Why We Blame People For Their Mental Illnesses

Most people in and out of the Church can accept that mental illness is real when manifested in a visible way. Someone who has witnessed a person with schizophrenia in a psychotic episode would have no doubt that that illness is real (though some in the Church might actually assess that as demon possession). But what about someone living in reckless ways during a manic episode of Bipolar Disorder? What about someone who struggles with suicidal thoughts? Where is their faith? Is that sin or illness or both? Are those even the right questions to be asking?

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Enter a theology of sin that is not big enough for biological factors to be at play. Those of us Christians who have the privilege of being mentally well generally believe that we are able to control all of our thoughts and choices. When we are tempted, we need to flee from temptation. When we worry, we need to cast our cares on God. These are the responsibilities of the Christian to stay on the narrow path. Perhaps even in this theology we place ourselves in too powerful a position over our own lives. We have to remember that if we have it together, that is solely by the grace of God. Romans 9:16 is helpful here: “So it is God who decides to show mercy. We can neither choose it nor work for it.”

But how do malfunctions of the brain factor in here? Are some more capable of self-control than others? In my book, On Edge: Mental Illness in the Christian Context, I use an example of a person with developmental disabilities. Certainly (hopefully!) no one would expect a person of limited intellectual capacity to have a well-developed theology in order to enter the kingdom of God. (And by the way this is not a requirement Jesus placed on anyone regardless of capacity.) Can, for example, a non-verbal person with autism receive salvation if they cannot understand the Gospel and cannot “confess with their mouth that Jesus is Lord”? Or are they shut out from the Kingdom?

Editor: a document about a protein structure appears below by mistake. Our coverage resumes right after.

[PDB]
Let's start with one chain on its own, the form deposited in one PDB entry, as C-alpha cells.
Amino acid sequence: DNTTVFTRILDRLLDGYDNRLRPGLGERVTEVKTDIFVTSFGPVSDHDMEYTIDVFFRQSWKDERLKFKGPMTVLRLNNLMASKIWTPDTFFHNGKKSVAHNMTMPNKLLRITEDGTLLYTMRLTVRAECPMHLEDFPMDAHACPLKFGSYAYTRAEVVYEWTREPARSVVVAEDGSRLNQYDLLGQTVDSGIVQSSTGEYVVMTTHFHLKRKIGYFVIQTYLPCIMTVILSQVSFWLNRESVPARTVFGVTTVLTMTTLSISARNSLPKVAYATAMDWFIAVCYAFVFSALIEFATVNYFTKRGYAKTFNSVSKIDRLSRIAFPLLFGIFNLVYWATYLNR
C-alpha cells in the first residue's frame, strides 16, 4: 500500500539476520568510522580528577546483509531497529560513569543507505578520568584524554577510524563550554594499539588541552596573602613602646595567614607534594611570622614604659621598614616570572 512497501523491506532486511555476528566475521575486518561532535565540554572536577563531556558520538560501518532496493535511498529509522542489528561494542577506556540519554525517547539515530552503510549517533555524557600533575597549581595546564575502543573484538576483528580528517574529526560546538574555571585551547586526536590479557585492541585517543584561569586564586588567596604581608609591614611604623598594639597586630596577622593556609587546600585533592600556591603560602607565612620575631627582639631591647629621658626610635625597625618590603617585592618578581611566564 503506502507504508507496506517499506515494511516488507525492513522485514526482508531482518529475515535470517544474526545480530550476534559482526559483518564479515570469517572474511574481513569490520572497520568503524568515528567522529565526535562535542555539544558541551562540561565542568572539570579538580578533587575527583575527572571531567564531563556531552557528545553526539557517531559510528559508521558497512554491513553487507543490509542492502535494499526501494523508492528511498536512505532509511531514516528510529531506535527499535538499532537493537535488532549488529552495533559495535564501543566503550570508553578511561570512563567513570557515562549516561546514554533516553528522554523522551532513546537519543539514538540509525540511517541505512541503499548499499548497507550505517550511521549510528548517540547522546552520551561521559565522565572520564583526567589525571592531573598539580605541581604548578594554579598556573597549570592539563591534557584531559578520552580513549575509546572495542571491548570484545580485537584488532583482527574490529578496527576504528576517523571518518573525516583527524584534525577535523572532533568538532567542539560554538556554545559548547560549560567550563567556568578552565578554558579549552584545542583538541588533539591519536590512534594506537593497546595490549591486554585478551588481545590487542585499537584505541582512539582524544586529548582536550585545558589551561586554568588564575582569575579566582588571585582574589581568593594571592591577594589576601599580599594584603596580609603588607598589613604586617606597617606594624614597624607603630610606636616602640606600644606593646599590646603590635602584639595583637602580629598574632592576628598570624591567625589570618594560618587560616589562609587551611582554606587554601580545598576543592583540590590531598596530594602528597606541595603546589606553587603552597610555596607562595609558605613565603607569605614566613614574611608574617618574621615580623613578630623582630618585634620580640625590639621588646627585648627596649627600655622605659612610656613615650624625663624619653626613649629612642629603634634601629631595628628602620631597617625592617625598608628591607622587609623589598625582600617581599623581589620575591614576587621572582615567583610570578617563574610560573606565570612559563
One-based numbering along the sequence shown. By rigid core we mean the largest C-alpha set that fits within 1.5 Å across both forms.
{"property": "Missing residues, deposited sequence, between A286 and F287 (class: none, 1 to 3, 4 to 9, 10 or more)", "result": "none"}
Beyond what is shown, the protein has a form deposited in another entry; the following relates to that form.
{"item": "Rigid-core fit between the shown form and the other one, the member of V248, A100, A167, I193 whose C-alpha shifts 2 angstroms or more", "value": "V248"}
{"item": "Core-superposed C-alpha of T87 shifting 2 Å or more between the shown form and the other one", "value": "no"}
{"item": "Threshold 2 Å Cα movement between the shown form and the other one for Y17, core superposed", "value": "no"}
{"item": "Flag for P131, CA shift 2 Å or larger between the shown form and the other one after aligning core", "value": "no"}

Similarly, a person struggling with depression may not be able to consistently engage at church. They may struggle with doubt or have thoughts of killing themselves. Is this because of a lack of faith? Or is their disordered brain incapable of overcoming these thoughts no matter how much faith they try to muster? And why is it their responsibility to fix this themselves?

This is where the Church has to do its job: demonstrate love and compassion. Why is it not the entire Church’s responsibility to spiritually carry those who are struggling to carry themselves? Why do we not enter into these situations to offer care and non-judgmental support? Why do we have to have a neat and tidy explanation and evaluate the person’s spiritual standing before helping them?

I would like to challenge the Church to rise up to support, love and defend those with mental illness even when we don’t know how to understand or explain it. Let us reach out with open arms to those who are marginalized, misunderstood and downtrodden. Let’s show the love of Jesus and get off the judgment seat in every way. Messages from the pulpit that support a “try harder” theology are unhelpful for all of us. May we live and preach the Gospel in its entirety.